GROCHEMICAL PRICES are set to rise next year, driven by the increasing cost of oil and the hunger for energy in key manufacturing countries.

The cost of some sprays could rise by up to 20%, although half that amount would be more typical, according to some manufacturers. But the state of agriculture means they may struggle to pass on their full cost increases, others believe.

Oil prices have almost doubled over the past 12 months and Brent crude touched $52 a barrel at one point. It has since slipped back to $44 a barrel, but is still $20 above year-ago levels.

Paul Jones of Makhteshim-Agan – one of the world’s largest manufacturers of generic brands – said this was largely to blame for the potential hike in chemical costs.

“Oil lies at the heart of almost every agrochemical, so it’s not surprising that oil prices have a major impact on costs, particularly with bulky, high-volume, low-cost products where the cost of manufacturing is such a large component of the final price.”

 But the over-heating in some Asian economies was also having an impact, said Sidney Reid, third-party business director at Monsanto.

“Together with India, China is currently responsible for a major share of world agrochemical active ingredient supply.

“But the rate at which its economy is growing has created huge internal conflicts in energy resources. In this allocation of resources, commodity manufacturing is understandably losing out to higher-value sectors,” he added.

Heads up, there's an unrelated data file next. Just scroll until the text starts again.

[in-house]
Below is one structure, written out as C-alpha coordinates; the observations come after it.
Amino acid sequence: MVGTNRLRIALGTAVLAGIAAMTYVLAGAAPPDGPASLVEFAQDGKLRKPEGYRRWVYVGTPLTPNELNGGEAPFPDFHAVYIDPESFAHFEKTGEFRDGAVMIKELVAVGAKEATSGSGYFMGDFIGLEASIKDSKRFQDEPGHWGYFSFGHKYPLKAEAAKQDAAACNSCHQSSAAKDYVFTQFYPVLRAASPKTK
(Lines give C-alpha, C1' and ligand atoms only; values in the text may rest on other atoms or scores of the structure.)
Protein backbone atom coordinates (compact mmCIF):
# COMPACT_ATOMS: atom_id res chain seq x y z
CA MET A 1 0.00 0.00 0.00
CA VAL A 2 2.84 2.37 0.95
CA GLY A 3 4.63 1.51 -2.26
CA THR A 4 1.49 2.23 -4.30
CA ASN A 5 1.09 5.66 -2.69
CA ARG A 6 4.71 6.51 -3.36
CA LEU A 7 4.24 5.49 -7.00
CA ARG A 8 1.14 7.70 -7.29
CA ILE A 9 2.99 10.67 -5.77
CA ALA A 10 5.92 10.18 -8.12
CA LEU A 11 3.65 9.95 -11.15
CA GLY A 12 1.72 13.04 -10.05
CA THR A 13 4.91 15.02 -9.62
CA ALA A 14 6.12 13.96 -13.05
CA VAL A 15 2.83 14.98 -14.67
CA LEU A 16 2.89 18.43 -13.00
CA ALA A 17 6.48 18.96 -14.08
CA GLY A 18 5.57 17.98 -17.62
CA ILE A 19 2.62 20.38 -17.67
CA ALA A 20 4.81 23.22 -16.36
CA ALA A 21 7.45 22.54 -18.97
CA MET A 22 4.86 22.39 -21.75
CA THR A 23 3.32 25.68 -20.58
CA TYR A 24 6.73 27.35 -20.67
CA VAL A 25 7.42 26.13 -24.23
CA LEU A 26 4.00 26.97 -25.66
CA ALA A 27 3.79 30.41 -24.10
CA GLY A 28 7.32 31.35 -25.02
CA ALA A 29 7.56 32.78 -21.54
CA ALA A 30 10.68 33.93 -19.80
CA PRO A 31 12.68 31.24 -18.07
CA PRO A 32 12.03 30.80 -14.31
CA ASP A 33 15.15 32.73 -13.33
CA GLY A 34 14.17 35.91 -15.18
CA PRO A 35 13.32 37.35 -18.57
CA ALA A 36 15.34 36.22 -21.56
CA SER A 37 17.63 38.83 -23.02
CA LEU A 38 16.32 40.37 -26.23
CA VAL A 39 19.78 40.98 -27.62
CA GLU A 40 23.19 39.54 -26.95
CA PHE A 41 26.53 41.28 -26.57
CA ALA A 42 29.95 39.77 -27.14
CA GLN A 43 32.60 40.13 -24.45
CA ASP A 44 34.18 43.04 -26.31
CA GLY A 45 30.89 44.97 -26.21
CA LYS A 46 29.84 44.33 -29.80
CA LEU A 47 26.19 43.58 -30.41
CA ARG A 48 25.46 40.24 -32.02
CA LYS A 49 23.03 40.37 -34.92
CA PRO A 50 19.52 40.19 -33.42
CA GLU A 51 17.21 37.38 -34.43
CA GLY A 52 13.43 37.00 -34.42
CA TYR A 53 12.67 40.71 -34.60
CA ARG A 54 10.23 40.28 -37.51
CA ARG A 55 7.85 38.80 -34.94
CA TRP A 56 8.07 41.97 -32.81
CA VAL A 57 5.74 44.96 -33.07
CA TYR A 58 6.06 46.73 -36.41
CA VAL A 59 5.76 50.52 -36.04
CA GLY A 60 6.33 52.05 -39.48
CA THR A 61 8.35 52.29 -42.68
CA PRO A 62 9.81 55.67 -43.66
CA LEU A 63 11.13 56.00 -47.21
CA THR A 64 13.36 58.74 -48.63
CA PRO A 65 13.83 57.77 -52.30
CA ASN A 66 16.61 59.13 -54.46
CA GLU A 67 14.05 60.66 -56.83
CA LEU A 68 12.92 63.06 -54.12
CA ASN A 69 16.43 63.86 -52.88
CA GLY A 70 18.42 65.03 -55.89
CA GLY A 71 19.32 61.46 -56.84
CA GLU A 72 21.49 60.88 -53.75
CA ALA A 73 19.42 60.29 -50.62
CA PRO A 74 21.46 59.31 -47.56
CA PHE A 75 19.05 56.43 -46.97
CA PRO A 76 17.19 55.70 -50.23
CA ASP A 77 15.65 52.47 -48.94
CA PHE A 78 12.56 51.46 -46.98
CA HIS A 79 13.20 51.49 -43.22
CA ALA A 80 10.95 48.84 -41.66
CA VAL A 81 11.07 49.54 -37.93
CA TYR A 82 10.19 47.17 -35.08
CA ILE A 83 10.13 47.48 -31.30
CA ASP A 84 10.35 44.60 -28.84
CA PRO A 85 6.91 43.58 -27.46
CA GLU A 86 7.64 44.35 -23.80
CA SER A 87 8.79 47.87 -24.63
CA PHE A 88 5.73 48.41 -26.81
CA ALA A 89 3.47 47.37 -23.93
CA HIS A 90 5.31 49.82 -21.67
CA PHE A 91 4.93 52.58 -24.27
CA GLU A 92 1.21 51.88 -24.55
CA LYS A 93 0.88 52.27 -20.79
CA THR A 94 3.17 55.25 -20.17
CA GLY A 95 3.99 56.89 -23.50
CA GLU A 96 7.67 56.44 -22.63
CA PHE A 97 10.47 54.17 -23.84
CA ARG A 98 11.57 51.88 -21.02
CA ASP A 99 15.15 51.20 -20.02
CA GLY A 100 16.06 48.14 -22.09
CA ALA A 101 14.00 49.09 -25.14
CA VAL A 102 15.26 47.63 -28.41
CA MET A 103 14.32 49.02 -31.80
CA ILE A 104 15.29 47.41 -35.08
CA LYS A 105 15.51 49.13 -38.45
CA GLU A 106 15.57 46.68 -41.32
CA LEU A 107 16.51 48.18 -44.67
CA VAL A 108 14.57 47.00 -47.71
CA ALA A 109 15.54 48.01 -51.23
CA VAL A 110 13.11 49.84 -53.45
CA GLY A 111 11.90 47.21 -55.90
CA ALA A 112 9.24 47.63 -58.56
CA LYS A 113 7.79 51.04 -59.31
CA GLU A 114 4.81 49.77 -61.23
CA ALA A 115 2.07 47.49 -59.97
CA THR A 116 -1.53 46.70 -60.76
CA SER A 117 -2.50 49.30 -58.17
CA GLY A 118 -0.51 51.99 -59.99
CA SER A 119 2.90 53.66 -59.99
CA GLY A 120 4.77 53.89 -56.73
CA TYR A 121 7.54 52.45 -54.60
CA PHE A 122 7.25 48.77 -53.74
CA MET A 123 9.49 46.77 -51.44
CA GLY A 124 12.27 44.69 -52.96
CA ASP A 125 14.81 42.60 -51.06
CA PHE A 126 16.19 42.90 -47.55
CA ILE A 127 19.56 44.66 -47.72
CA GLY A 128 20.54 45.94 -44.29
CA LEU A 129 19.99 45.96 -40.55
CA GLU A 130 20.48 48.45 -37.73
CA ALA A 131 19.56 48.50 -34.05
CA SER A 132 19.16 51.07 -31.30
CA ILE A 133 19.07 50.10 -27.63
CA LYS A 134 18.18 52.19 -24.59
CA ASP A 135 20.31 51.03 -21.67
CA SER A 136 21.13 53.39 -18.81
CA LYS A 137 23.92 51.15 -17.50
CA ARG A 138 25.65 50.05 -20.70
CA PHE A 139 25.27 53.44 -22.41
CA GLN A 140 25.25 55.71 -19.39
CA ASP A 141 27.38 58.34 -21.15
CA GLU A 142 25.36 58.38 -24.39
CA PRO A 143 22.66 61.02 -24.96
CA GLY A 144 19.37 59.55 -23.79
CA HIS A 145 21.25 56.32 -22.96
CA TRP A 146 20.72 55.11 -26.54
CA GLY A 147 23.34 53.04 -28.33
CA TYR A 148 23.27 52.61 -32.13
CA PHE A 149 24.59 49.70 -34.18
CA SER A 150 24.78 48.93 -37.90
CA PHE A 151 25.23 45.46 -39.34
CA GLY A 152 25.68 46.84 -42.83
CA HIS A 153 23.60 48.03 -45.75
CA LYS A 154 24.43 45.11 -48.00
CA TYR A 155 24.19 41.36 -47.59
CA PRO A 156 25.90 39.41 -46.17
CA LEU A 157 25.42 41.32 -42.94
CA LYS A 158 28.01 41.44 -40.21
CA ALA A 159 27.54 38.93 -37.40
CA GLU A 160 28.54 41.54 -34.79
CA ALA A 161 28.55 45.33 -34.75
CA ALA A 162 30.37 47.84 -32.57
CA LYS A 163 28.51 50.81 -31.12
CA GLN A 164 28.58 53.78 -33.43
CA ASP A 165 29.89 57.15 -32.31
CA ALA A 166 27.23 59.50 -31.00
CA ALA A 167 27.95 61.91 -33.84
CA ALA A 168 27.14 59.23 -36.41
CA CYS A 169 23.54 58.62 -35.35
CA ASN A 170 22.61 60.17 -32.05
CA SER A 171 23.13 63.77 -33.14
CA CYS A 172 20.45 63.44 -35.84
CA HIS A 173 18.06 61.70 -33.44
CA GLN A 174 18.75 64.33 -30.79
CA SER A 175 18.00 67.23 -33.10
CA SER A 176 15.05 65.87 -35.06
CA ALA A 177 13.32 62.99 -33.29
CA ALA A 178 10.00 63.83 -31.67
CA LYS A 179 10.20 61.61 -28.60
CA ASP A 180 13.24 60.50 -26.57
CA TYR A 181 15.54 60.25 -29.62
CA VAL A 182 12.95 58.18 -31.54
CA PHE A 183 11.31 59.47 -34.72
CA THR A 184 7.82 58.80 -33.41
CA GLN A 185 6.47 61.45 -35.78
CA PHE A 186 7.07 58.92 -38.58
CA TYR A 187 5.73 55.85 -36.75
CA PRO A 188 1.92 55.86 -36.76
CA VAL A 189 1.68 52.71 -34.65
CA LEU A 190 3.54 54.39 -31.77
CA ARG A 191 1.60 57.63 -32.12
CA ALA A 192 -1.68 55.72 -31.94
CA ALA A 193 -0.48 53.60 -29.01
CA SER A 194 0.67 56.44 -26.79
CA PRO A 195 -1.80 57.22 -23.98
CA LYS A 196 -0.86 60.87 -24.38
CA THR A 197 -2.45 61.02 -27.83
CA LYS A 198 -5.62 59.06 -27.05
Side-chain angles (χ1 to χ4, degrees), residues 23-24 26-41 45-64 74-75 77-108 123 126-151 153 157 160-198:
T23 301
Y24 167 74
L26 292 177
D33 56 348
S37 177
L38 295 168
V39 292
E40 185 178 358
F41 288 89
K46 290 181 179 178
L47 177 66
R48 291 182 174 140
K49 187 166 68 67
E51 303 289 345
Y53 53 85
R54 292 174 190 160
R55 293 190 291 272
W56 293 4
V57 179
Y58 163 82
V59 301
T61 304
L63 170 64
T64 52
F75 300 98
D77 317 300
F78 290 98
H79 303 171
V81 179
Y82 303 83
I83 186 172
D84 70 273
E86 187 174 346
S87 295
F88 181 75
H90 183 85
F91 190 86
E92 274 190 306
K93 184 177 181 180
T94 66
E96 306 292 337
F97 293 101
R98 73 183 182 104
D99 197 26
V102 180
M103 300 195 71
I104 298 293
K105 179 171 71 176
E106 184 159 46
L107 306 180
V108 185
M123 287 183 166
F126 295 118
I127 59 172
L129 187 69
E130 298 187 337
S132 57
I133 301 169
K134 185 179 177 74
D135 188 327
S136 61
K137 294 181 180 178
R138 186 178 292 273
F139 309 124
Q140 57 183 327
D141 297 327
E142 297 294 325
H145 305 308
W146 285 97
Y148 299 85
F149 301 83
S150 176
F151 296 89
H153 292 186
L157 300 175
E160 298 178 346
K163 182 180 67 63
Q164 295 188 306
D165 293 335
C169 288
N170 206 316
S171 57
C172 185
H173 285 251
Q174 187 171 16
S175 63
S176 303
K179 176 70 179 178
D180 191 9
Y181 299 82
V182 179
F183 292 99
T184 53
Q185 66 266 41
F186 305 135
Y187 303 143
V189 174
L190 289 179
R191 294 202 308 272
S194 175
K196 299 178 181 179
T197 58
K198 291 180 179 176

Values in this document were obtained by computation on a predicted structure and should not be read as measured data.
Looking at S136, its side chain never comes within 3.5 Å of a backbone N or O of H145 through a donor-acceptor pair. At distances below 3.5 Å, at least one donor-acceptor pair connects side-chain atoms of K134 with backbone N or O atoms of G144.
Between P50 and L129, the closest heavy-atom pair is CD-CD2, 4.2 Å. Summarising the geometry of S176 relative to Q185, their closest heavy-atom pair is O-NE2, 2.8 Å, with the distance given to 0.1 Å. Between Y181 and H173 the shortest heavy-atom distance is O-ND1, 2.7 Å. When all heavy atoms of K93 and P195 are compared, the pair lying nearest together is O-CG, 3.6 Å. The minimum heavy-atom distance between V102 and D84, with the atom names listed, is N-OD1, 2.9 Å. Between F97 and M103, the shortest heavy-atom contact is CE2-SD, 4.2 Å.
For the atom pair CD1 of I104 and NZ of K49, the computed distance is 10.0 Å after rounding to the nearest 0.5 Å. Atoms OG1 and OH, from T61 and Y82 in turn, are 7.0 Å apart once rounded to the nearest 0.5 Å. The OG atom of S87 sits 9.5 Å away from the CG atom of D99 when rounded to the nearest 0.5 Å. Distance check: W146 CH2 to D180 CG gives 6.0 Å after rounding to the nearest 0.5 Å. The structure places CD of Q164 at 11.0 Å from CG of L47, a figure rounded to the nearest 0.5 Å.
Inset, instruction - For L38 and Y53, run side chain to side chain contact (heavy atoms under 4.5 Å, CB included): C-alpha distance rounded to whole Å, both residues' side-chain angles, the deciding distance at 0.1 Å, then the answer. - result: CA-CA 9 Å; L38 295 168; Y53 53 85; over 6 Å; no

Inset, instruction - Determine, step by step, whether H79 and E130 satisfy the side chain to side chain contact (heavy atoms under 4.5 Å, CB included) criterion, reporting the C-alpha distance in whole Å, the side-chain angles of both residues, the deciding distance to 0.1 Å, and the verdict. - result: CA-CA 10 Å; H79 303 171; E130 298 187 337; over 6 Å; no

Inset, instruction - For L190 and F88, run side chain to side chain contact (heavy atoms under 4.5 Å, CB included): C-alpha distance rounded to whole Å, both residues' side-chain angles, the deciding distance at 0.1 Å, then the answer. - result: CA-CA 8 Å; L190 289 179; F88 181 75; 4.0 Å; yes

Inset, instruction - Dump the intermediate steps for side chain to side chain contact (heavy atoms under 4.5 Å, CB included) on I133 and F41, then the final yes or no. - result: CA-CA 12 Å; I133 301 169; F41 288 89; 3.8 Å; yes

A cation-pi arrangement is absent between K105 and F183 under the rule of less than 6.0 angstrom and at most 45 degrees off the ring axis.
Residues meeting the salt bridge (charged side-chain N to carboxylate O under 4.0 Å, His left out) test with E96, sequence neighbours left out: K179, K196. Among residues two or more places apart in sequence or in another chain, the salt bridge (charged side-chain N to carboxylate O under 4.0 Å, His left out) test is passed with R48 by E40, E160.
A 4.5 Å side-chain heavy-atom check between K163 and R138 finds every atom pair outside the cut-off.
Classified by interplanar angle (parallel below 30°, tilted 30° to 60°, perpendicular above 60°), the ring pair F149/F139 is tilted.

Mr Reid said the products made in China tended to be bulkier, older chemicals like glyphosate and phenoxy herbicides. More modern chemistry, like strobilurins, would be less affected by this trend, he said.

Graham Dickinson, UK branded sales manager at Nufarm – which manufactures in the UK – agreed that autumn herbicides were likely to see the largest jumps, with glyphosate rising by up to 20%.

But he said fungicides would increase, too. “Most are based on a benzene ring structure and benzene has increased from $400/t to $1200/t this year.”

Mr Dickinson predicted that triazoles and strobilurins would cost 8-10% more next season and some spring herbicides, like MCPA, would rise by a similar amount.

But John Lockett, logistics director at chemical distribution business Agrovista, said he was not sure if price moves would be that steep. “It is going to be very difficult to recover double-digit price increases given the state of farming today.”

He reckoned triazoles might increase slightly, but said he would be especially surprised if there were significant increases in the price of strobilurins given the issues surrounding septoria resistance.

Emma Saxton, arable business manager for Crop Advisors, which buys chemicals on behalf of independent agronomists in the south of England, said the introduction of the single farm payment would make it more difficult to pass on increases. “Farmers now have a choice. If costs increase too much they will take the SFP and walk away.”

Other large manufacturers were less keen to say if and by how much the cost of their products would increase next year. Syngenta, Bayer CropScience and BASF all acknowledged there were price pressures, but said they would be working to limit the impact on farmers when new prices were released next year.

Philip Wynn, managing director of Auborn, which manages over 10,000ha (25,000 acres), said prices rises were a concern. “There is going to be even more pressure on producers and agronomists to come up with the right cost/benefit ratio for chemicals.”

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